Poison gas attacks at schools in Zambia – over 100 students injured: A series of mysterious poison gas attacks that began several years ago seems to be continuing in Zambia. An unknown person had thrown a bottle into a classroom at Buyantashi Technical School in Chingola in northern Zambia. The students first thought it was a perfume bottle. However, after opening it, they complained of headaches, coughing, chest pains and eventually shortness of breath. 136 students went to hospital and the police started an investigation. The attack at the end of September shows that the series of gas attacks that already hit Zambia in 2019 and 2020 is apparently not over yet. More than 600 attacks were recorded then. Mostly, unknown persons rendered their victims unconscious with a poisonous spray and then attacked them. Over 50 deaths have been recorded so far, some of them the attackers themselves, killed by angry vigilante groups. The new president had promised to reunite and reconcile Zambia. Now the government has to show that it can act more successfully than the previous government. The president is „shaken“, said Elisha Matambo, minister for the Copperbelt region, and announced intensive investigations. Education experts and church leaders are now also pushing for the government to do something about the incidents.

Germany’s Federal Intelligence Service uses controversial cyberweapon: German security agencies are apparently using the controversial Israeli spy software Pegasus more extensively than previously known. According to information from ZEIT, SZ, WDR and NDR, the Federal Intelligence Service (BND) also uses Pegasus to spy abroad. The Chancellor’s Office is reportedly in the loop and has authorized the use. Redditors had revealed in mid-September that the Federal Criminal Police Office (BKA) had acquired Pegasus and has been using it to spy on suspects‘ mobile phones since the beginning of the year. With the BND, a second NSO customer is now becoming known in Germany. The spying software has fallen into disrepute since it was proven that it is used to track not only criminals but also innocent people on a large scale. In July, an international consortium of journalists, led by the media organization Forbidden Stories, revealed how Pegasus is systematically misused by several intelligence and police agencies to monitor women journalists, human rights activists, lawyers and politicians. The Israeli company NSO, which developed Pegasus, denies the allegations of abuse. According to ZEIT research, a delegation from Israel had traveled to Wiesbaden in autumn 2017 to demonstrate the software to the BKA. The German criminologists were enthusiastic about the capabilities of the program, which is classified as a cyberweapon. However, lawyers raised objections, saying that the software was too powerful. Moreover, it was unclear what would happen to the data in Israel. After discussions between the interior ministry and the BKA, officials decided at the time not to acquire the cyberweapon. Both Green and FDP politicians have spoken out against the use of the cyberweapon several times. Pegasus is „a nightmare for the rule of law“, said Konstantin von Notz, deputy leader of the Green parliamentary group.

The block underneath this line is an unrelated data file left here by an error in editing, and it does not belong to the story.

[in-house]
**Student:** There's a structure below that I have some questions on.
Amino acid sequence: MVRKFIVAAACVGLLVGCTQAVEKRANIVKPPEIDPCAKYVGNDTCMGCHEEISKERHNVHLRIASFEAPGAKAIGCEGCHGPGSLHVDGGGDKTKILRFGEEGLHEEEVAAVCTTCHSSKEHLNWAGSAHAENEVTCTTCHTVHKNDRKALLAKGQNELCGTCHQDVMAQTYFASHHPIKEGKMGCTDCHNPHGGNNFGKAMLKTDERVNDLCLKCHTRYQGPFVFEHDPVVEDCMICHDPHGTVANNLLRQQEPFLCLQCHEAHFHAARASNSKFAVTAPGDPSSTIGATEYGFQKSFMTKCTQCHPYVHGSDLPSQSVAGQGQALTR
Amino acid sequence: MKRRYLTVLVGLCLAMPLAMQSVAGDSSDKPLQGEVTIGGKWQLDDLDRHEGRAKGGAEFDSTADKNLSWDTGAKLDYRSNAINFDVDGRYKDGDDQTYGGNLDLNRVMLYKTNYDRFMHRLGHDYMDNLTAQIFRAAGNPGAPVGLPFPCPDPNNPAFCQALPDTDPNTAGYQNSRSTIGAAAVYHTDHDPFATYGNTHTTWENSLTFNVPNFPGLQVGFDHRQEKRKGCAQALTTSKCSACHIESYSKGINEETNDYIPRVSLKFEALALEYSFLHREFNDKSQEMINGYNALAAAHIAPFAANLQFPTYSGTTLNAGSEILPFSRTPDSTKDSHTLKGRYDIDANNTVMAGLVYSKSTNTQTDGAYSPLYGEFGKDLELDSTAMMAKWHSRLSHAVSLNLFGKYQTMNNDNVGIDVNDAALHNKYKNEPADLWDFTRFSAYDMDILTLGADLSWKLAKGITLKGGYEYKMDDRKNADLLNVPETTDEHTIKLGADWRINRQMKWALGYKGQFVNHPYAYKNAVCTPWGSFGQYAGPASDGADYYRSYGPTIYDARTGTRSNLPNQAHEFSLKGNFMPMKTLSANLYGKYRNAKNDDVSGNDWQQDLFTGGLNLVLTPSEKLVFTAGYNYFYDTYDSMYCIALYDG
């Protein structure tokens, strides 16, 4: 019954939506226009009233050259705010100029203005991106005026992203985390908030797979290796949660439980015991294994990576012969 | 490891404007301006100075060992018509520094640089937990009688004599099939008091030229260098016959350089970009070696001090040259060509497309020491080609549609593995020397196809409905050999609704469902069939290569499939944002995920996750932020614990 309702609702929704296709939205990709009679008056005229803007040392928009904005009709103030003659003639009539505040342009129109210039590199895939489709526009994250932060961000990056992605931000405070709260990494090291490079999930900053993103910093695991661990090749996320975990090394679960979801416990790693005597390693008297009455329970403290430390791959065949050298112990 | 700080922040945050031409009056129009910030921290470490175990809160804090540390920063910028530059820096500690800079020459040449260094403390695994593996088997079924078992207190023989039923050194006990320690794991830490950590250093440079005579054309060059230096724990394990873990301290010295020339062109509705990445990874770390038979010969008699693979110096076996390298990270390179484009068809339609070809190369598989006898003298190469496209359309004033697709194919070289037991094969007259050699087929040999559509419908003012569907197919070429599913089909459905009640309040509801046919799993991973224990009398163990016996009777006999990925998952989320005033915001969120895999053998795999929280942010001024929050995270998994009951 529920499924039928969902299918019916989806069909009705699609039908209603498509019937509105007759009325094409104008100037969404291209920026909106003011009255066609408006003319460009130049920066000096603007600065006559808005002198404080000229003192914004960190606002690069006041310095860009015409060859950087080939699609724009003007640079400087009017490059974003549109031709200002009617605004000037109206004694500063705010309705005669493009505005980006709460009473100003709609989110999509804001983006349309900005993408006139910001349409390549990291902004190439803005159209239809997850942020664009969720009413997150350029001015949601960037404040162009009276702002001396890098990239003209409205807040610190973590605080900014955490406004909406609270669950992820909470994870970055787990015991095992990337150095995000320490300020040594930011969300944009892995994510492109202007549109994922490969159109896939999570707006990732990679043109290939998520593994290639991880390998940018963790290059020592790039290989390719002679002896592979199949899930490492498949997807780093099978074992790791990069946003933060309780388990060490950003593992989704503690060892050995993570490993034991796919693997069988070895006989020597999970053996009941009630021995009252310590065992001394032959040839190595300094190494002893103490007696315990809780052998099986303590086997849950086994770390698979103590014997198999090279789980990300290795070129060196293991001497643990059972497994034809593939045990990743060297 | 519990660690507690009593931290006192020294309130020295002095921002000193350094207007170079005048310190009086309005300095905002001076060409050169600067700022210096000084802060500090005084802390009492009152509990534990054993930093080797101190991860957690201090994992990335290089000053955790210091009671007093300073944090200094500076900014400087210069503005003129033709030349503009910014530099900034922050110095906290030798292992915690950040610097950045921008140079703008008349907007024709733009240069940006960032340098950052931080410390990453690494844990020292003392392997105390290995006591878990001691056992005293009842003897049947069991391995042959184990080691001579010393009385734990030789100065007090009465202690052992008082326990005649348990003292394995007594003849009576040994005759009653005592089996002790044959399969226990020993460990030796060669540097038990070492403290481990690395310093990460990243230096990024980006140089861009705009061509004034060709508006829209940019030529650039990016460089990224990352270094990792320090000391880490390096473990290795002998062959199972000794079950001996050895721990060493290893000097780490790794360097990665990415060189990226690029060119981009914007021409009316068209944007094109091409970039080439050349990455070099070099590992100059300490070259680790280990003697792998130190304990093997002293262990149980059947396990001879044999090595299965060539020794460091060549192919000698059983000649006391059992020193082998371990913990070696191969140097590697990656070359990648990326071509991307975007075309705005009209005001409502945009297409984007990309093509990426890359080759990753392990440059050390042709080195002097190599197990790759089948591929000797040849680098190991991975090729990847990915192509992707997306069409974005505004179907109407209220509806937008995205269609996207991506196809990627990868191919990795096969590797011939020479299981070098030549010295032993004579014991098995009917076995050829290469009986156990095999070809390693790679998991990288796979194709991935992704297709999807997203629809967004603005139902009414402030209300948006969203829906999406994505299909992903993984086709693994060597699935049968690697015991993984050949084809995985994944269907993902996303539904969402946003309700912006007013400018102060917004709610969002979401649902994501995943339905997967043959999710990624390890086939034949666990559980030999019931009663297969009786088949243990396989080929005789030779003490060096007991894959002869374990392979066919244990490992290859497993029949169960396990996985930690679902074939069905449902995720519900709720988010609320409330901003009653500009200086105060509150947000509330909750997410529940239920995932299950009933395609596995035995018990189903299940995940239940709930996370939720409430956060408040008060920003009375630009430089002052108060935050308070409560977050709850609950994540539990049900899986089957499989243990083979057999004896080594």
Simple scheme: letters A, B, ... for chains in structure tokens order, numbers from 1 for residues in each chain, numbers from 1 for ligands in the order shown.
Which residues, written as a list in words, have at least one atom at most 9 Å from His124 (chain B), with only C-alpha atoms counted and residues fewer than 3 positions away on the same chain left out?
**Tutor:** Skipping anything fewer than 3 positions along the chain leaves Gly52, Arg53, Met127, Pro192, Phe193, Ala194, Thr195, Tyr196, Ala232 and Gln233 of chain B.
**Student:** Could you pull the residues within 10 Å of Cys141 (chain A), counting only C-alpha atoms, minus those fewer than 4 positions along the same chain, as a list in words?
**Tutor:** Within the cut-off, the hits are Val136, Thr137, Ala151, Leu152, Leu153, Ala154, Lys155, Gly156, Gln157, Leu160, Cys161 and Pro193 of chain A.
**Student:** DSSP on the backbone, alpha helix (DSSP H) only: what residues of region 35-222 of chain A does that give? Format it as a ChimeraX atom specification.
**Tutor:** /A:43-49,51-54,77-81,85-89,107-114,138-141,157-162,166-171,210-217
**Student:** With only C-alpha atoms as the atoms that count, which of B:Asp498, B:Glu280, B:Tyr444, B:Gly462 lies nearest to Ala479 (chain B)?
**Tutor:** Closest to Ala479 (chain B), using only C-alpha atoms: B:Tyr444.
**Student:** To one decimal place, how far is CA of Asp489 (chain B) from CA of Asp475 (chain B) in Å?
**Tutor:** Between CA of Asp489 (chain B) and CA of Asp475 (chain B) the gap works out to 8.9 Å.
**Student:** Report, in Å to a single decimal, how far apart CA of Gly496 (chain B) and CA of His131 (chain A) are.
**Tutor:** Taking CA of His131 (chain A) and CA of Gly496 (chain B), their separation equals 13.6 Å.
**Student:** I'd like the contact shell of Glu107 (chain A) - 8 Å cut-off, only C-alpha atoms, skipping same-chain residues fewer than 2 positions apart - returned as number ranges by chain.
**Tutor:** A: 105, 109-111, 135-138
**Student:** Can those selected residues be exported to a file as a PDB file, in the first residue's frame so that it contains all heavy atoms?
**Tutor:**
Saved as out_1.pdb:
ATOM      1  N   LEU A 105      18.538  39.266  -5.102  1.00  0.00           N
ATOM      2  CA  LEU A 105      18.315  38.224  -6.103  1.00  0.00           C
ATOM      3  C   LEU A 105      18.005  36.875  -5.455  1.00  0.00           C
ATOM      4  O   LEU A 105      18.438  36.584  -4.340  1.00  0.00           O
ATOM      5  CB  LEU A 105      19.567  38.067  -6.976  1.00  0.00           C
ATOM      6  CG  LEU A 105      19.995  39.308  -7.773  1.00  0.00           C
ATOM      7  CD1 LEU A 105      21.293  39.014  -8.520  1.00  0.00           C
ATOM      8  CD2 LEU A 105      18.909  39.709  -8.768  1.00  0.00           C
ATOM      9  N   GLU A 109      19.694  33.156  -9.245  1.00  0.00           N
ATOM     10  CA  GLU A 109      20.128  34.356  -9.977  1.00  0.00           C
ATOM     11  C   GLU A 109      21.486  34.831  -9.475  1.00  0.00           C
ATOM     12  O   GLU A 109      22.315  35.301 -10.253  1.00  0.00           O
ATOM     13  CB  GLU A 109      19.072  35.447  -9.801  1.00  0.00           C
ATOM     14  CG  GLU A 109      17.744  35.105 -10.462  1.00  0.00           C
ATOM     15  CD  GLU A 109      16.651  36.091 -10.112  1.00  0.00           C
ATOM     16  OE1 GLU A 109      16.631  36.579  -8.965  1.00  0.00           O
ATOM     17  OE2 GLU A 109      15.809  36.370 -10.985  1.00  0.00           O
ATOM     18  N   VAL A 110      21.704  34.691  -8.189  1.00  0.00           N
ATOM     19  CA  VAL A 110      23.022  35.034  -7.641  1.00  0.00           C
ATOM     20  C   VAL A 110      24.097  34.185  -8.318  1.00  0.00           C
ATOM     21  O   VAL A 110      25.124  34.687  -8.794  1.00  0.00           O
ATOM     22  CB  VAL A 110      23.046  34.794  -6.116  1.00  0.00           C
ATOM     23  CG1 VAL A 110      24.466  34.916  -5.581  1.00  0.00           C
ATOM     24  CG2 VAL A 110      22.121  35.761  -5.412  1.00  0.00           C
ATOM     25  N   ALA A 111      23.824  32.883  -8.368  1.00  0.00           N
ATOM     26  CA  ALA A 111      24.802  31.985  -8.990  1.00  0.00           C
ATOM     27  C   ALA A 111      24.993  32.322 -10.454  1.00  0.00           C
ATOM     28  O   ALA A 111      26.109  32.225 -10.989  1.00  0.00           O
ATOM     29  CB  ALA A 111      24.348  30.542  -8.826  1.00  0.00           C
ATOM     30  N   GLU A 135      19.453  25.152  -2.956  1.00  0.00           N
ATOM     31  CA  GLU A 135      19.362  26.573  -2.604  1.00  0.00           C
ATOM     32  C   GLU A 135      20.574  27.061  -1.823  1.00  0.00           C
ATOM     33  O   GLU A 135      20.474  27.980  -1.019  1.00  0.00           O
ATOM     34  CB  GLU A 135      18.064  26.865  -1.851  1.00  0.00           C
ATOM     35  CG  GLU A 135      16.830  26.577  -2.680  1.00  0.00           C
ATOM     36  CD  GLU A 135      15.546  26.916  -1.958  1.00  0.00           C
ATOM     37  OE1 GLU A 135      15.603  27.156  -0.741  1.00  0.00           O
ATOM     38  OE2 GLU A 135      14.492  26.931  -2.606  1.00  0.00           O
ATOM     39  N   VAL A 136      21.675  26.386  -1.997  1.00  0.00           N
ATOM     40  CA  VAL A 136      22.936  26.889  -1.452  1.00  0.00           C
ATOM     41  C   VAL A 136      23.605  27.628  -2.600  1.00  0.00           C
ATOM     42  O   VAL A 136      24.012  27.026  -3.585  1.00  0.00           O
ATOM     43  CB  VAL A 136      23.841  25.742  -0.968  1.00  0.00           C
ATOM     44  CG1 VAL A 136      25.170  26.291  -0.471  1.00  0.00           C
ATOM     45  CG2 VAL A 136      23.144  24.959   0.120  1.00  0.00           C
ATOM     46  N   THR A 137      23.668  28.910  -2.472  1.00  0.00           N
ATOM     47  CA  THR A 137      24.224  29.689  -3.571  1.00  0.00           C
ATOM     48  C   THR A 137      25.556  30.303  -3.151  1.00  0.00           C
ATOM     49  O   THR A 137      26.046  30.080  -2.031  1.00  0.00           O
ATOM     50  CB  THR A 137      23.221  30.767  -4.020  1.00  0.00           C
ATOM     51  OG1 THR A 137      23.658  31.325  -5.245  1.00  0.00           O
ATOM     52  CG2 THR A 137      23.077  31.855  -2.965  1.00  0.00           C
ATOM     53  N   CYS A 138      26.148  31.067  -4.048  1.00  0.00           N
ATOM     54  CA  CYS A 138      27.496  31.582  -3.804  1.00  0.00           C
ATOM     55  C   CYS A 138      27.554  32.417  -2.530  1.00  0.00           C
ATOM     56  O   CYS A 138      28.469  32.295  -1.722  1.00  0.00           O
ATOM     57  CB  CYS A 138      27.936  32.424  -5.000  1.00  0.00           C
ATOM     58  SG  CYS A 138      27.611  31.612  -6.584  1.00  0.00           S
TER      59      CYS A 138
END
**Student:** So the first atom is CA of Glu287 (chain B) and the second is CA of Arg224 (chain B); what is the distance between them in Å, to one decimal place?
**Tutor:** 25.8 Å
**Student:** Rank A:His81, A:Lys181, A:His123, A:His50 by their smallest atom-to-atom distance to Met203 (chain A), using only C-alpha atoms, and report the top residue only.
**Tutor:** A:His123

„Afghanistan is a country that triggers debates and emotions in Germany.“
said German Defense Minister Annegret Kramp-Karrenbauer.


Impatient man fakes a murder: That back pain must have been „murderous“. A 50-year-old man called the police and said that he had stabbed his uncle. As a result, several patrol cars, an emergency doctor and an ambulance immediately drove to Steinheim an der Murr, north of Stuttgart, where the emergency services didn’t find a corpse, but two impatient men. The man who had called didn’t want to spend a long time waiting for an ambulance for his uncle and decided to pose as a murderer. After the two men had waited for an hour for a doctor on Saturday evening, the nephew had made up the murder out of impatience. According to the police, the 50-year-old now has to answer for pretending to commit a crime, and investigators are also checking whether he has to pay for the police operation.